• Implementing the HRM process with an enterprise system can help recognize the benefits of integration of the HR management process with other enterprise systems modules such as:
      • Financial Accounting
      • Logistics
      • Sales and Distribution
      • The Workflow Module
  • 16. Implementing the HRM Process
    • Process Inputs: In general, the HR forms in the figure capture information about three HR-related events:
    • (1) selecting employees
    • (2) evaluating employees, and
    • (3) terminating employees
  • 17. Implementing the HRM Process
    • Selecting employees may be initiated in one of two ways:
      • Departmental managers (outside the HR department) may initiate the process to satisfy their immediate hiring needs
      • Selection process may be started by the system automatically
  • 18. Implementing the HRM Process
    • Evaluating employees comprises a multitude of activities
      • Departmental managers and supervisors (again, outside the HR function) usually initiate evaluations or other changes affecting employees
      • The manager of personnel appraisal and development (in HR) typically approves the review and implements such changes
  • 19. Implementing the HRM Process
    • Terminating employees closes the employment process loop
      • Periodically, departmental managers and supervisors (in concert with HR managers) must make difficult decisions about the retention of employees
      • If a termination is necessary, the employee change screen is used to initiate the process of changing an employee’s status from current employee to terminated employee
  • 20. Implementing the HRM Process
    • Processing Logic and Process Outputs.
    • HR requests initiated outside of the HR department are approved within that department and then routed to HR for approval
    • Some data may be entered within HR
    • The employee/payroll master data, skills inventory data, and labor-force planning data within the enterprise database are updated and various reports are made available
    • Several outputs are produced
      • New hire:
        • An employment letter is sent to the employee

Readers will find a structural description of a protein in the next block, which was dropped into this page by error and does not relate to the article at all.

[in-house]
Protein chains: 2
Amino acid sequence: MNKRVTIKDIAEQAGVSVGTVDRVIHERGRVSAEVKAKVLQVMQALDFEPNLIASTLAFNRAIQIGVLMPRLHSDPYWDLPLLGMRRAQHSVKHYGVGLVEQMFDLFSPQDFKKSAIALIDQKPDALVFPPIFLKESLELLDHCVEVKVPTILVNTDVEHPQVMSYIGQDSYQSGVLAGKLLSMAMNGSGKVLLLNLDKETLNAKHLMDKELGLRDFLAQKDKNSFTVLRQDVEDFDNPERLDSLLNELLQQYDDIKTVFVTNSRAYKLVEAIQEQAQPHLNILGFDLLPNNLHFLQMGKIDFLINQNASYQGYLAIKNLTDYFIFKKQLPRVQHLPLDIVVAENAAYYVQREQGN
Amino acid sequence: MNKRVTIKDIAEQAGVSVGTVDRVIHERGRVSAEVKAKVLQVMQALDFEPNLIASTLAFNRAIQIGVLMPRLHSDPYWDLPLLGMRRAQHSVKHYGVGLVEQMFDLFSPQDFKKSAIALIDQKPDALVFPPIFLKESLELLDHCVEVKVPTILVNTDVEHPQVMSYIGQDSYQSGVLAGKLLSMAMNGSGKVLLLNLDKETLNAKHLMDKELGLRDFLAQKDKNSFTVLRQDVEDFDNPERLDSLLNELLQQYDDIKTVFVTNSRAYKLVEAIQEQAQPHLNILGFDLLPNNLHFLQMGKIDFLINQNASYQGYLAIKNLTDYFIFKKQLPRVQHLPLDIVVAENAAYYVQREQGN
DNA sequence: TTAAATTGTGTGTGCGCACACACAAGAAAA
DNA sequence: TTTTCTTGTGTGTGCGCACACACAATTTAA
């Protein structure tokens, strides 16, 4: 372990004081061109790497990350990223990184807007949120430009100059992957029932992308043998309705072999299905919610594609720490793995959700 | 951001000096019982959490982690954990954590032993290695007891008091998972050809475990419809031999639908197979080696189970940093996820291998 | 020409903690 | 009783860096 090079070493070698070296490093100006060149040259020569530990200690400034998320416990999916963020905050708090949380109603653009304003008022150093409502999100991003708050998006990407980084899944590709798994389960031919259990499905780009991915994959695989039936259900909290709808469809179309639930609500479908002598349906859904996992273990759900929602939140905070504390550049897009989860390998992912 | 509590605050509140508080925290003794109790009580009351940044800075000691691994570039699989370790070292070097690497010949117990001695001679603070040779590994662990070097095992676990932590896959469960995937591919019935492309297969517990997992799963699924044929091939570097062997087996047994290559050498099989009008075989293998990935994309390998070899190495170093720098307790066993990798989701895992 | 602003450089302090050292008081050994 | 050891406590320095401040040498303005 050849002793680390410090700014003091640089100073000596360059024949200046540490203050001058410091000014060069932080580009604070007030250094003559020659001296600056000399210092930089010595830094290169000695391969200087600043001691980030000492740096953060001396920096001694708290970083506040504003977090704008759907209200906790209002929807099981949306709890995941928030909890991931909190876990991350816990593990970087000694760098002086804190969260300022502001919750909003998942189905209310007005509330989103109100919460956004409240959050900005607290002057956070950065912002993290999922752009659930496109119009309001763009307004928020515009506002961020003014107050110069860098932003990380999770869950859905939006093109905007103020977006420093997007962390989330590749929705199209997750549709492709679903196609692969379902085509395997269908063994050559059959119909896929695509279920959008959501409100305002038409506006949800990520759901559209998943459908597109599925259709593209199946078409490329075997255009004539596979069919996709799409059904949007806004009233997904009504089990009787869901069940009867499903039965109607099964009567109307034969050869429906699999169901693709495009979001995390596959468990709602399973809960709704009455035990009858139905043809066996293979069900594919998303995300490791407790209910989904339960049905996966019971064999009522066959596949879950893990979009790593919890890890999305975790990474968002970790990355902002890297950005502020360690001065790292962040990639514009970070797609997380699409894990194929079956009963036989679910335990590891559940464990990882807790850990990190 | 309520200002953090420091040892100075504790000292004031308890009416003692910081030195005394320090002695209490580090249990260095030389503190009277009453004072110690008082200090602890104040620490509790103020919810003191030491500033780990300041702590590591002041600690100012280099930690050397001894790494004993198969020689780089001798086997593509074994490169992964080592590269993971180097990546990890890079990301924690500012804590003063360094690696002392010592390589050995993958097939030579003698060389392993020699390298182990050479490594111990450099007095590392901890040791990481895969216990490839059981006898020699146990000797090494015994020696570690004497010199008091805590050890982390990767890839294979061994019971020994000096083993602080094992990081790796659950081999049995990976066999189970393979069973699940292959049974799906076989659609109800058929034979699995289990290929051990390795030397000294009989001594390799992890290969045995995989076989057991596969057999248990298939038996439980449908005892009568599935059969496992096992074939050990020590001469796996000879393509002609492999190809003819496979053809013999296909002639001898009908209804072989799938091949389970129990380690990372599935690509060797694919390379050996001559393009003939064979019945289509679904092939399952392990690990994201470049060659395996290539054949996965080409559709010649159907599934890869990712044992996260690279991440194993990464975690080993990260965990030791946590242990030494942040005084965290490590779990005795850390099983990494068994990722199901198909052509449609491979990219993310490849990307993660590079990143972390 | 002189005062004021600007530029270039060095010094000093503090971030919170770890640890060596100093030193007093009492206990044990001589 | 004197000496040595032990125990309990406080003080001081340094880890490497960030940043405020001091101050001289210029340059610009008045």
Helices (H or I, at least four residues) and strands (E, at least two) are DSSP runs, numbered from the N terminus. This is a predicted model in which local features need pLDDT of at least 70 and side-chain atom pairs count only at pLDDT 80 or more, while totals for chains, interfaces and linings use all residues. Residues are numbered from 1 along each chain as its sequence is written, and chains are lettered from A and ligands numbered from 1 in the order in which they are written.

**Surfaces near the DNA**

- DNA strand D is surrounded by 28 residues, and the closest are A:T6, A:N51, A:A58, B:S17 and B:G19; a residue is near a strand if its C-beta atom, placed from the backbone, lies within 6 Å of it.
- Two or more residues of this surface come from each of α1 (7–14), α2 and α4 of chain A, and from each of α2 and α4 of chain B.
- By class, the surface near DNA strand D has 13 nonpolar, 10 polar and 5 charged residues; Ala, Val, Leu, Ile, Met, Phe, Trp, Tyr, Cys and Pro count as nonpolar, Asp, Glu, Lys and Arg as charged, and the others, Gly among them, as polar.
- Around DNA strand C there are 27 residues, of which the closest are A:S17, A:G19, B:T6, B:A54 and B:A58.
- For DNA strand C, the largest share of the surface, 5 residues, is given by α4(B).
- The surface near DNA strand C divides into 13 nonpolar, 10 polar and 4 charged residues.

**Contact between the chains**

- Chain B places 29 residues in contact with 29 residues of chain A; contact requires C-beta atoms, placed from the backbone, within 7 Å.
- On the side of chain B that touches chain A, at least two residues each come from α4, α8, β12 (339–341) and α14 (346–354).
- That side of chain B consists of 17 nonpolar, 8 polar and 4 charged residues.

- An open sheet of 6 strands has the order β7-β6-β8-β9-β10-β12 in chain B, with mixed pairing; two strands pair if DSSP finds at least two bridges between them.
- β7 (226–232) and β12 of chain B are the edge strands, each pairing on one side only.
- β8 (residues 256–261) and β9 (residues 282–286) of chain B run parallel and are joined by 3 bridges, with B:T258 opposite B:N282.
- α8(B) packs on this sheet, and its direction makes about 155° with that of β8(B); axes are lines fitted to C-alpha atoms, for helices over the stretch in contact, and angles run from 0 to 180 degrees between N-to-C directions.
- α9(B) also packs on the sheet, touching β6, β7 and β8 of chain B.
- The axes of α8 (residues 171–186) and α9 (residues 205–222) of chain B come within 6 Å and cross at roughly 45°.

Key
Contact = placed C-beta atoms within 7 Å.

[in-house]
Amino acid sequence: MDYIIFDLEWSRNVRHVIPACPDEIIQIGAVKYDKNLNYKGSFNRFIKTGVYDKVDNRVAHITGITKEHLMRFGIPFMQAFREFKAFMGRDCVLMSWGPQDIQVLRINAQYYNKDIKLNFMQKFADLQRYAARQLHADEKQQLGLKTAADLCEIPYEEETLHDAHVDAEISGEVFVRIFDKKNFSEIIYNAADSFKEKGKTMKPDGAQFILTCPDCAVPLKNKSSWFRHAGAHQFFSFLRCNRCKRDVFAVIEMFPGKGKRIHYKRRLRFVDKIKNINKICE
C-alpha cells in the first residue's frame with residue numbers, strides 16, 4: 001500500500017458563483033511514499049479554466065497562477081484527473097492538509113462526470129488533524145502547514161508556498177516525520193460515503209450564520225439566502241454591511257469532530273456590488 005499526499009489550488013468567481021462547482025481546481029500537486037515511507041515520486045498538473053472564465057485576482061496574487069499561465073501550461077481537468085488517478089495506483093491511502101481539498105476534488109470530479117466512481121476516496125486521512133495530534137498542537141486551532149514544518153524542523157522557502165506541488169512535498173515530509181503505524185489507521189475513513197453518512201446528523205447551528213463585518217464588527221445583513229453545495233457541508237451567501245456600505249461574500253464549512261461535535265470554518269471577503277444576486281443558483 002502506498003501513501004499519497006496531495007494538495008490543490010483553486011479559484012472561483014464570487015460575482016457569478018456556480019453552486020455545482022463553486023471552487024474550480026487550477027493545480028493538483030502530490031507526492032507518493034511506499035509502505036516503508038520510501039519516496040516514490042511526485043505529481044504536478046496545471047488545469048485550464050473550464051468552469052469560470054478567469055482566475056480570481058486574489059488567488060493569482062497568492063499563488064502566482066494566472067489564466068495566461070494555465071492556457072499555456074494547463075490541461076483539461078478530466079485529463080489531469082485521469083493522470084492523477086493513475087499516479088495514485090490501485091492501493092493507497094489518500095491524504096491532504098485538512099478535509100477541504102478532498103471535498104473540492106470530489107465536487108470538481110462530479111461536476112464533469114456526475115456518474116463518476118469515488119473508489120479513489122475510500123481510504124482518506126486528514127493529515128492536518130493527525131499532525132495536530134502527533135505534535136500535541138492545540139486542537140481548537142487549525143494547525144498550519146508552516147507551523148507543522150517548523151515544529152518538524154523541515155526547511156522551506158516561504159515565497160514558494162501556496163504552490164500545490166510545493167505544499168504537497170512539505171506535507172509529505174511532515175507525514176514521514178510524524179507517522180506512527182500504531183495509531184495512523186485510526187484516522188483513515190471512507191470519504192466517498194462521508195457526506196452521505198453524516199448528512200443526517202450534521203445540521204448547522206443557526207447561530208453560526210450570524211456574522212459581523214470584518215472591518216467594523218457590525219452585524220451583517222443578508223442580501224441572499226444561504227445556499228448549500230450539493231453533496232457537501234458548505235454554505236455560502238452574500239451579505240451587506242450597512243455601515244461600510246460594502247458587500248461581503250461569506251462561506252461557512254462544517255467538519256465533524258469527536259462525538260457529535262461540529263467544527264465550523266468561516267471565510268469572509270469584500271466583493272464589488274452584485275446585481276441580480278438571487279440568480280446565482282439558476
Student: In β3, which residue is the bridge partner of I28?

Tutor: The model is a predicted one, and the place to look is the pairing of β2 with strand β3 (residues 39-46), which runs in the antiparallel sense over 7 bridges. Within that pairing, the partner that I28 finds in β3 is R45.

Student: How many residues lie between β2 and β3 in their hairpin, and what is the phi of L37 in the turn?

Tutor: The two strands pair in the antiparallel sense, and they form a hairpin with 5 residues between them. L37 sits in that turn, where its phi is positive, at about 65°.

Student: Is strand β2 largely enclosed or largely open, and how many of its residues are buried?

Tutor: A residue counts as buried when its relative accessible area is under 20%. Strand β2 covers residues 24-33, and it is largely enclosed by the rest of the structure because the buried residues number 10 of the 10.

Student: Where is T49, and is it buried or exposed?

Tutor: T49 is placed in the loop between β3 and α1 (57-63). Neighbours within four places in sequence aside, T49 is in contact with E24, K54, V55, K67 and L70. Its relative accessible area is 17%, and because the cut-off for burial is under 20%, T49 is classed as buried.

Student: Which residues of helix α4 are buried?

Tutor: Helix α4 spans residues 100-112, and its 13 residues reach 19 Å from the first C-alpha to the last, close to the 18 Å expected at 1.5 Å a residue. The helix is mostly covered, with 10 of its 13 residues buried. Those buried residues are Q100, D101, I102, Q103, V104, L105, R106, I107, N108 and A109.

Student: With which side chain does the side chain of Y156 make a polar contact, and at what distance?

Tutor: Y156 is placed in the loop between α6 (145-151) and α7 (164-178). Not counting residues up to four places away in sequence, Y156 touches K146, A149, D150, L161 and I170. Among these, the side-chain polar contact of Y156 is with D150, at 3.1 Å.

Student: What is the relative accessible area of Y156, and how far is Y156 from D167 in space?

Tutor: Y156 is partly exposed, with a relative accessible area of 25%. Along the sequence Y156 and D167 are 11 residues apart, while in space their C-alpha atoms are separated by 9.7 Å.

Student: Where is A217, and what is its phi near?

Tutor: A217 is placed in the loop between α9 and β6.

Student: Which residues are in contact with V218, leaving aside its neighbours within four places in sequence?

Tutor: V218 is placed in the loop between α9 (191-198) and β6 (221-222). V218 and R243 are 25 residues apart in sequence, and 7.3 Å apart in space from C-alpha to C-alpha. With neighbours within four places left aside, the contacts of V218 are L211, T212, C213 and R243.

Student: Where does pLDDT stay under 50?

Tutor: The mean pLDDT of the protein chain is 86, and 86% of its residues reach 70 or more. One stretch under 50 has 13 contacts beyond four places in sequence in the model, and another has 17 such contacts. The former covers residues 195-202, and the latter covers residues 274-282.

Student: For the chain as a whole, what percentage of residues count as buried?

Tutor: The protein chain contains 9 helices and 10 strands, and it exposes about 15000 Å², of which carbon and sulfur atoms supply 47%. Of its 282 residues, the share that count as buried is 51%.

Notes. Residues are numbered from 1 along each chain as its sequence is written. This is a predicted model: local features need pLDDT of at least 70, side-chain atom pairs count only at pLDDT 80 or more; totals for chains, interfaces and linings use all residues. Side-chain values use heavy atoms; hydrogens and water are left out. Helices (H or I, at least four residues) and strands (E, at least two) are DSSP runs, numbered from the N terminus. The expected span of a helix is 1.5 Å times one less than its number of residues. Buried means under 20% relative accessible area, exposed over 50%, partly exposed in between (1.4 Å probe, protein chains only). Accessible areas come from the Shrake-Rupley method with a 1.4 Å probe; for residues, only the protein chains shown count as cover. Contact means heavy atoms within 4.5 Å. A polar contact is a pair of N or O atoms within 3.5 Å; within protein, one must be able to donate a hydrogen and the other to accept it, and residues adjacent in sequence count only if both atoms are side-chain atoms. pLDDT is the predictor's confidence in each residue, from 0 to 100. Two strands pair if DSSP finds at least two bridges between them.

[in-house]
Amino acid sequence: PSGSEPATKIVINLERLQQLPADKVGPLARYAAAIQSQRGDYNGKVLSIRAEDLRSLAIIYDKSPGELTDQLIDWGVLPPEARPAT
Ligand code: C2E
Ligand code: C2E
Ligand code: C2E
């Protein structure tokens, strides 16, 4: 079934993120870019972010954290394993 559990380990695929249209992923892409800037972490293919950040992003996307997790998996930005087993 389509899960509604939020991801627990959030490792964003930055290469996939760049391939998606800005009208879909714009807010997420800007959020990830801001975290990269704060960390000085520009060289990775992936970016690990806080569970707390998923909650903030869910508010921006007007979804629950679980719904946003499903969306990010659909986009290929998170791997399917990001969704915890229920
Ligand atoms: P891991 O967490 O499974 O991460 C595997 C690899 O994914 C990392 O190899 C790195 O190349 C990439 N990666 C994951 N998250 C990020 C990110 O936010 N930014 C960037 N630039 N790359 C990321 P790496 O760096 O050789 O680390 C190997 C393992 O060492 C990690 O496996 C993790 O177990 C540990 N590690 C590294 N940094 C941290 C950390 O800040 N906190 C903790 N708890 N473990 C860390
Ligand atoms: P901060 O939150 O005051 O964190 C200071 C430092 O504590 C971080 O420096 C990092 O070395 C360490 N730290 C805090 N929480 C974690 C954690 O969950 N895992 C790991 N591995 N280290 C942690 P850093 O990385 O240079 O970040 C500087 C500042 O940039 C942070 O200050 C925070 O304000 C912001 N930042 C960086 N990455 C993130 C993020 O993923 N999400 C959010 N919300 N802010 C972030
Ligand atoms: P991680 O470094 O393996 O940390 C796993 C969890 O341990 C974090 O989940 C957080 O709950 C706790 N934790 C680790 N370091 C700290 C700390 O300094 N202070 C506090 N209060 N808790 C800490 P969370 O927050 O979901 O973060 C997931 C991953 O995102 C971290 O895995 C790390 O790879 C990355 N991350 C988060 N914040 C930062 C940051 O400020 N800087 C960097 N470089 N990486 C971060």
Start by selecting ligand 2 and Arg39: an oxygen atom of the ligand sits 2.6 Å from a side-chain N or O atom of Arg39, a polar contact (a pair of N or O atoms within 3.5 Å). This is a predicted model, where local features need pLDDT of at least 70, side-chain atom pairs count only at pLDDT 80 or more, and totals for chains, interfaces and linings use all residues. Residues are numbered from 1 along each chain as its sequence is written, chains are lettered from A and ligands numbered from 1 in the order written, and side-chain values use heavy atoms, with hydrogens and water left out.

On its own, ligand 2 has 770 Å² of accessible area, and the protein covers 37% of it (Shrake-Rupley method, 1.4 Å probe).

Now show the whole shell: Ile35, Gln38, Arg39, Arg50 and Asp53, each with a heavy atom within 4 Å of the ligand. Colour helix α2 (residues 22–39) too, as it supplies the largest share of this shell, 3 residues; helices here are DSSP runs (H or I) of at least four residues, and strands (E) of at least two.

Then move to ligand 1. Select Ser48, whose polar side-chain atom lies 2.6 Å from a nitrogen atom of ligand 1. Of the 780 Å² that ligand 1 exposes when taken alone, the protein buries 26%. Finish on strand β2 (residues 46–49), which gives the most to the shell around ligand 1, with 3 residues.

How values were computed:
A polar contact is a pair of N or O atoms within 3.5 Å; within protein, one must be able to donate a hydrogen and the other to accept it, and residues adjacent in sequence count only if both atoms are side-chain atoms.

• Selection notice is sent to the department manager
      • Feedback on job performance:
        • Employee review form
      • Termination:
        • Employees are notified of a dismissal through a dismissal letter
        • Termination notice sent to the operating department manager.
  • 21. Implementing the HRM Process
    • HRM process prepares reports for government and non-government entities
      • Payroll reports: employee federal, state, and local taxes
    • HR reports might include those provided to the following:
      • • Unions
      • • Equal Employment Opportunity (EEO)
      • • Occupational Safety and Health Administration (OSHA)
      • • Department of Labor
    • There are also numerous communications to employees of HR-related information
      • Job opening announcements
      • Training information
      • Phone books
      • Benefits literature
      • Policy and procedure manuals, and the like.
    • Many companies have found that such materials can be disseminated effectively and efficiently through an HR portal, which serves as a central data source for such information.
  • 22. HR Management Flowchart
  • 23. Key Data Tables in the HR Process
    • Though the flowchart shows only one data store, multiple database tables are contained:
      • Employee/payroll master data
      • Labor-force planning data
        • Staffing requirements
        • Skills required
        • Turnover data
      • Skills inventory data
  • 24. The Payroll Process
    • Payroll generally falls under the controller’s office with the treasurer participating in distributing paychecks
  • 25. Payroll Process Context Diagram
  • 26. Payroll Process: Level 0 DFD
  • 27.  
  • 28. Payroll Data and Flows
    • Tax rates data
      • Contains current tax rates (federal, state, county and city) for employee withholding and employer accruals
    • Attendance time record
      • Lists hours employee are at the job site available for work; usually kept on time card
    • Job time records
      • Start and stop times for particular jobs for direct labor distribution
  • 29. Federal Payroll Tax Reports
    • 941 (report of FICA taxable wages)
    • W-2 (employee wage and tax statement)
    • 1099 (reports non-salary income)
    • Employee Retirement Income Security Act (ERISA) reports (reports on private pension fund assets management)
  • 30. Accounting Entries in Payroll Process
  • 31. Payroll Process Flowchart
  • 32. Payroll Has High Fraud Potential
    • Types of payroll frauds:
      • Ghost employees (employees who don’t exist but are issued paychecks)
      • Falsified hours (employees who overstate hours worked)
      • Commission schemes (collecting commissions on false sales or using false commission rate)
      • Worker’s comp schemes (faking injury to receive compensation)
  • 33. Payroll System Controls
    • Segregation of duties between HR (employee record creation), payroll (prepares payroll) and AP/cashier (disburses cash)
    • Direct deposit (eliminates opportunity for check fraud)
    • Review of employee master data for duplicate names and/or social security numbers
    • Comparison of actual payroll to budget
  • 34. Reimbursement Fraud
    • Reimbursement for employee business expenses often clear the payroll system
      • Claiming personal expenses as business related
      • Altering receipts to increase expenses
      • Submitting false receipts
      • Submitting same expense multiple times
  • 35. Payroll Process Control Matrix Legend: A = Provide employees with timely paychecks. B = Provide timely filing of tax returns and other reports to government agencies. C = Comply with requirements of payroll and tax laws and regulations.
  • 36. Payroll Process Control Matrix